Royal Arches, Royal Arches Area 5.10b or 5.7 A0
Avg time to climb route: 7-10 hours
Approach time: 10 minutes
Descent time: 2-3 hours
Number of pitches: 16
Height of route: 1400'
OverviewWith more than 1600' of climbing, Royal Arches is the easiest long route in Yosemite Valley. Short, 5.6 moves are mixed in with long stretches of 3rd and 4th class circuitous climbing. The only hard section, a 5.10b traverse, is easily bypassed with a fixed pendulum. That said, Royal Arches is committing and has benighted more than a few climbers. The climbing varies from 3rd class walking on large ledges and 5.4 friction to 5.6 finger and hand cracks. The climb is well protected except for a few easy friction-climbing sections.
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HistoryIn 1936, with both Cathedral Spires climbed and the virgin Lost Arrow defining the impossible, the Valley pioneers reconsidered the walls. Pinnacles had real summits, places where no one had ever trod, yet there weren’t too many more lurking about. Some walls were out of the question, like El Cap and Sentinel. Others proved unattractive or had no obvious crack systems. An exception was the shining wall above the Ahwahnee Hotel, just left of the Royal Arches. If a few key features could be linked, a thrilling route might lead to the rim.
The enormous, layered arches left of Washington Column spring directly out of the forest and curve upward until they fade out horizontally close to the rim. So prominent are these onionskin-like features that the Indians had several names for the formation. “Scho-ko-ni” referred to the arched shade of an infant’s cradle; and “hunto” meant an eye. Morgan Harris, a zoology junior at UC Berkeley, was obsessed by this area and lounged for hours near the recently-built hotel, studying the face with binoculars. He knew the main Royal Arches couldn’t be climbed—clearly, that was for a future generation. But just to the left lay lower-angled terrain, studded with trees, devoid of overhangs and blessed with cracks.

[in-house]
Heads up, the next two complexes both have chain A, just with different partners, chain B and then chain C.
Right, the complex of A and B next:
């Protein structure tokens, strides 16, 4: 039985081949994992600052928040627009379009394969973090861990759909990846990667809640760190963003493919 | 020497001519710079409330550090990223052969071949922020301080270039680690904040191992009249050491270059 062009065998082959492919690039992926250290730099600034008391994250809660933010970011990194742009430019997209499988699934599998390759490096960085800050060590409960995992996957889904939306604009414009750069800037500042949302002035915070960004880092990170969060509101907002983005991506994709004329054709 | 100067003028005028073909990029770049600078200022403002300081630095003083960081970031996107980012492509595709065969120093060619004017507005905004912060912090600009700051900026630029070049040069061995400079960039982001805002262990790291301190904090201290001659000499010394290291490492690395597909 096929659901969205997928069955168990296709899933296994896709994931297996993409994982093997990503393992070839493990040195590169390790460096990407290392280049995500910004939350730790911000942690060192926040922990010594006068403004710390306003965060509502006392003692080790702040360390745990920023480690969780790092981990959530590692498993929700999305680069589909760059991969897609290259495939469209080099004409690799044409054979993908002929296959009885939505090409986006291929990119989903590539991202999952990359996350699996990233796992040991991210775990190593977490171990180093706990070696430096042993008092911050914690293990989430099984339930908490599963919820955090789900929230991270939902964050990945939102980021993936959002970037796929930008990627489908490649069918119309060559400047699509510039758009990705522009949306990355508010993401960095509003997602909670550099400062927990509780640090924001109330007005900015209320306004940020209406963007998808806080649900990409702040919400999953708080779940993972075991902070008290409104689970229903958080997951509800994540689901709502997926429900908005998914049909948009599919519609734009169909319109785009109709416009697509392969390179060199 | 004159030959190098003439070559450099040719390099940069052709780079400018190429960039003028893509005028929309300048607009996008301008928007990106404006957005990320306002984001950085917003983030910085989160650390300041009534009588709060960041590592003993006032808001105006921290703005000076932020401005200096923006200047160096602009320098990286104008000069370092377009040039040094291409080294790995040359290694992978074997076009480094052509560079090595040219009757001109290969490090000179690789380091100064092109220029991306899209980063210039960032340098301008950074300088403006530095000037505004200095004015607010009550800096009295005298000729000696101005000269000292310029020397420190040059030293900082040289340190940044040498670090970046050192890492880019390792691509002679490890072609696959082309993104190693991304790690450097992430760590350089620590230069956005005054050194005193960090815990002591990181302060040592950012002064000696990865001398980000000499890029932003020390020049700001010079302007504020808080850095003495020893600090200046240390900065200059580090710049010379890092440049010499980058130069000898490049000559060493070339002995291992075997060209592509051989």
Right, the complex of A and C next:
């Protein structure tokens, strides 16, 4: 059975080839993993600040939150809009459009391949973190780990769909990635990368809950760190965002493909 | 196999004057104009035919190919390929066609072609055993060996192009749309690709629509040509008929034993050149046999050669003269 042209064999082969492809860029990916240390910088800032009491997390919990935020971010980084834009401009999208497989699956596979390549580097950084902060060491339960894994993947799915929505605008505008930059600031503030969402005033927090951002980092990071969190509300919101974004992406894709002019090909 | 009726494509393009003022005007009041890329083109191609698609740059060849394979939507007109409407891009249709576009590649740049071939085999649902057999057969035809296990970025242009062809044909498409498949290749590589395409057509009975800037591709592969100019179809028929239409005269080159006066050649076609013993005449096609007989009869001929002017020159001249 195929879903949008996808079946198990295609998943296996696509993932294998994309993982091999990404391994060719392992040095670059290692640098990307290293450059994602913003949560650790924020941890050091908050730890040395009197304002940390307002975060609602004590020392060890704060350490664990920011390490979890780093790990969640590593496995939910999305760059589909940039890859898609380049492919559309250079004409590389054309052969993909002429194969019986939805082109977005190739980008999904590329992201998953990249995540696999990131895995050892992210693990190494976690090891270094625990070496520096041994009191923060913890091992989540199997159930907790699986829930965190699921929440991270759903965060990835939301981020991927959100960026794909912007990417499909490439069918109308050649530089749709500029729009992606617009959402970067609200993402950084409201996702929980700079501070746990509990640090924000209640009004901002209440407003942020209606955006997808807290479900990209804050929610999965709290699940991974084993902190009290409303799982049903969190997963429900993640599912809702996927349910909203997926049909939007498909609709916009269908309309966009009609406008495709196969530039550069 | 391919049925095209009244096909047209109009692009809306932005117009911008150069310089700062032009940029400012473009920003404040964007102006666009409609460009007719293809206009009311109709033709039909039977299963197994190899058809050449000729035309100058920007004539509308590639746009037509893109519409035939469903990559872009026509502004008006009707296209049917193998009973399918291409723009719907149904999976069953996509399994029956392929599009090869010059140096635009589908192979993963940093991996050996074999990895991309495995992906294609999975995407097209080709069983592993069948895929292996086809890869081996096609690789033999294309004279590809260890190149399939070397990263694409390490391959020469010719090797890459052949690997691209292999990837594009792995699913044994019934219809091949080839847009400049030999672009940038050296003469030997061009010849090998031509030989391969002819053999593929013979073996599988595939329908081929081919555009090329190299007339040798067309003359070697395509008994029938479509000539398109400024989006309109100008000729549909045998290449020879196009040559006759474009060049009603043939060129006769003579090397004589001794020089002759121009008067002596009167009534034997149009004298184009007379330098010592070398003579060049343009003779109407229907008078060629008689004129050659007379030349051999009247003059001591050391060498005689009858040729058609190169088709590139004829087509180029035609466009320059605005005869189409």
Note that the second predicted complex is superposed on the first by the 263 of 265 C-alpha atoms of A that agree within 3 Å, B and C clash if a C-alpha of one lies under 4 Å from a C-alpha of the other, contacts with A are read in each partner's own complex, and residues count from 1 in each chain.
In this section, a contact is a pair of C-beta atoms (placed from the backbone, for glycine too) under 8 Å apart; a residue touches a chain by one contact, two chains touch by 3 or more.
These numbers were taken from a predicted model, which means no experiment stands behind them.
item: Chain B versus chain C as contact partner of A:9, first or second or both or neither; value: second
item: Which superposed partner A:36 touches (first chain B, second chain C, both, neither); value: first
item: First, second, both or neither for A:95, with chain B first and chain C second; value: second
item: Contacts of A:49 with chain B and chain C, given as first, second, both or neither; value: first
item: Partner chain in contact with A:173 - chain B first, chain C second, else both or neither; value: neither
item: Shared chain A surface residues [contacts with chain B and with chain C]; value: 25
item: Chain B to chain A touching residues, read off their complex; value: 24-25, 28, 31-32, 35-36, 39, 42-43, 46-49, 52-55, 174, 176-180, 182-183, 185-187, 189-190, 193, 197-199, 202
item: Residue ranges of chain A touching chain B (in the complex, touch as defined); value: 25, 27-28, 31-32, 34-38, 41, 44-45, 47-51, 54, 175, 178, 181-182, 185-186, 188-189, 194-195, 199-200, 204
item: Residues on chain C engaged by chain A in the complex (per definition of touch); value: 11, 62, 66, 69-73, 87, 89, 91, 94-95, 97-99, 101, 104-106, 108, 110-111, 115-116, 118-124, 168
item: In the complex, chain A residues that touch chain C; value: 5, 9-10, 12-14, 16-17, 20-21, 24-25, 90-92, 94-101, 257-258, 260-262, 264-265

One attempt in torrid weather failed, and Harris spent a week in a hospital recovering from sunstroke. After yet another attempt, Harris, Ken Adam, and Kenneth Davis succeeded on October 9, 1936. The climbing on the route was not especially tough, but the routefinding and rope techniques proved daunting. One new procedure, called by Harris a “swinging rope traverse,” overcame a blank section. (Later this technique became known as a “pendulum.”) Harris, wishing to cross a smooth slab in order to reach a narrow ledge some 20 feet to his left, climbed straight upward about 25 feet, placed a piton and had his belayer lower him from it. Then, held tight by the rope from above, Harris began running back and forth across the wall, straining to reach the narrow ledge and finally succeeding.
Later, after yet another pendulum, the trio reached what they described as “an old tree-trunk,” a feature soon to become famous as the Rotten Log. This 25-foot-long, foot-thick dead log bridged a deep chasm, affording a unique method of reaching the other side. Harris had spotted this golden trunk from the Valley floor and hoped it would be strong enough to hold his weight. It was, although it vibrated crazily as he led across it. The three men reached the rim a few hours later, having completed the Valley’s longest route.
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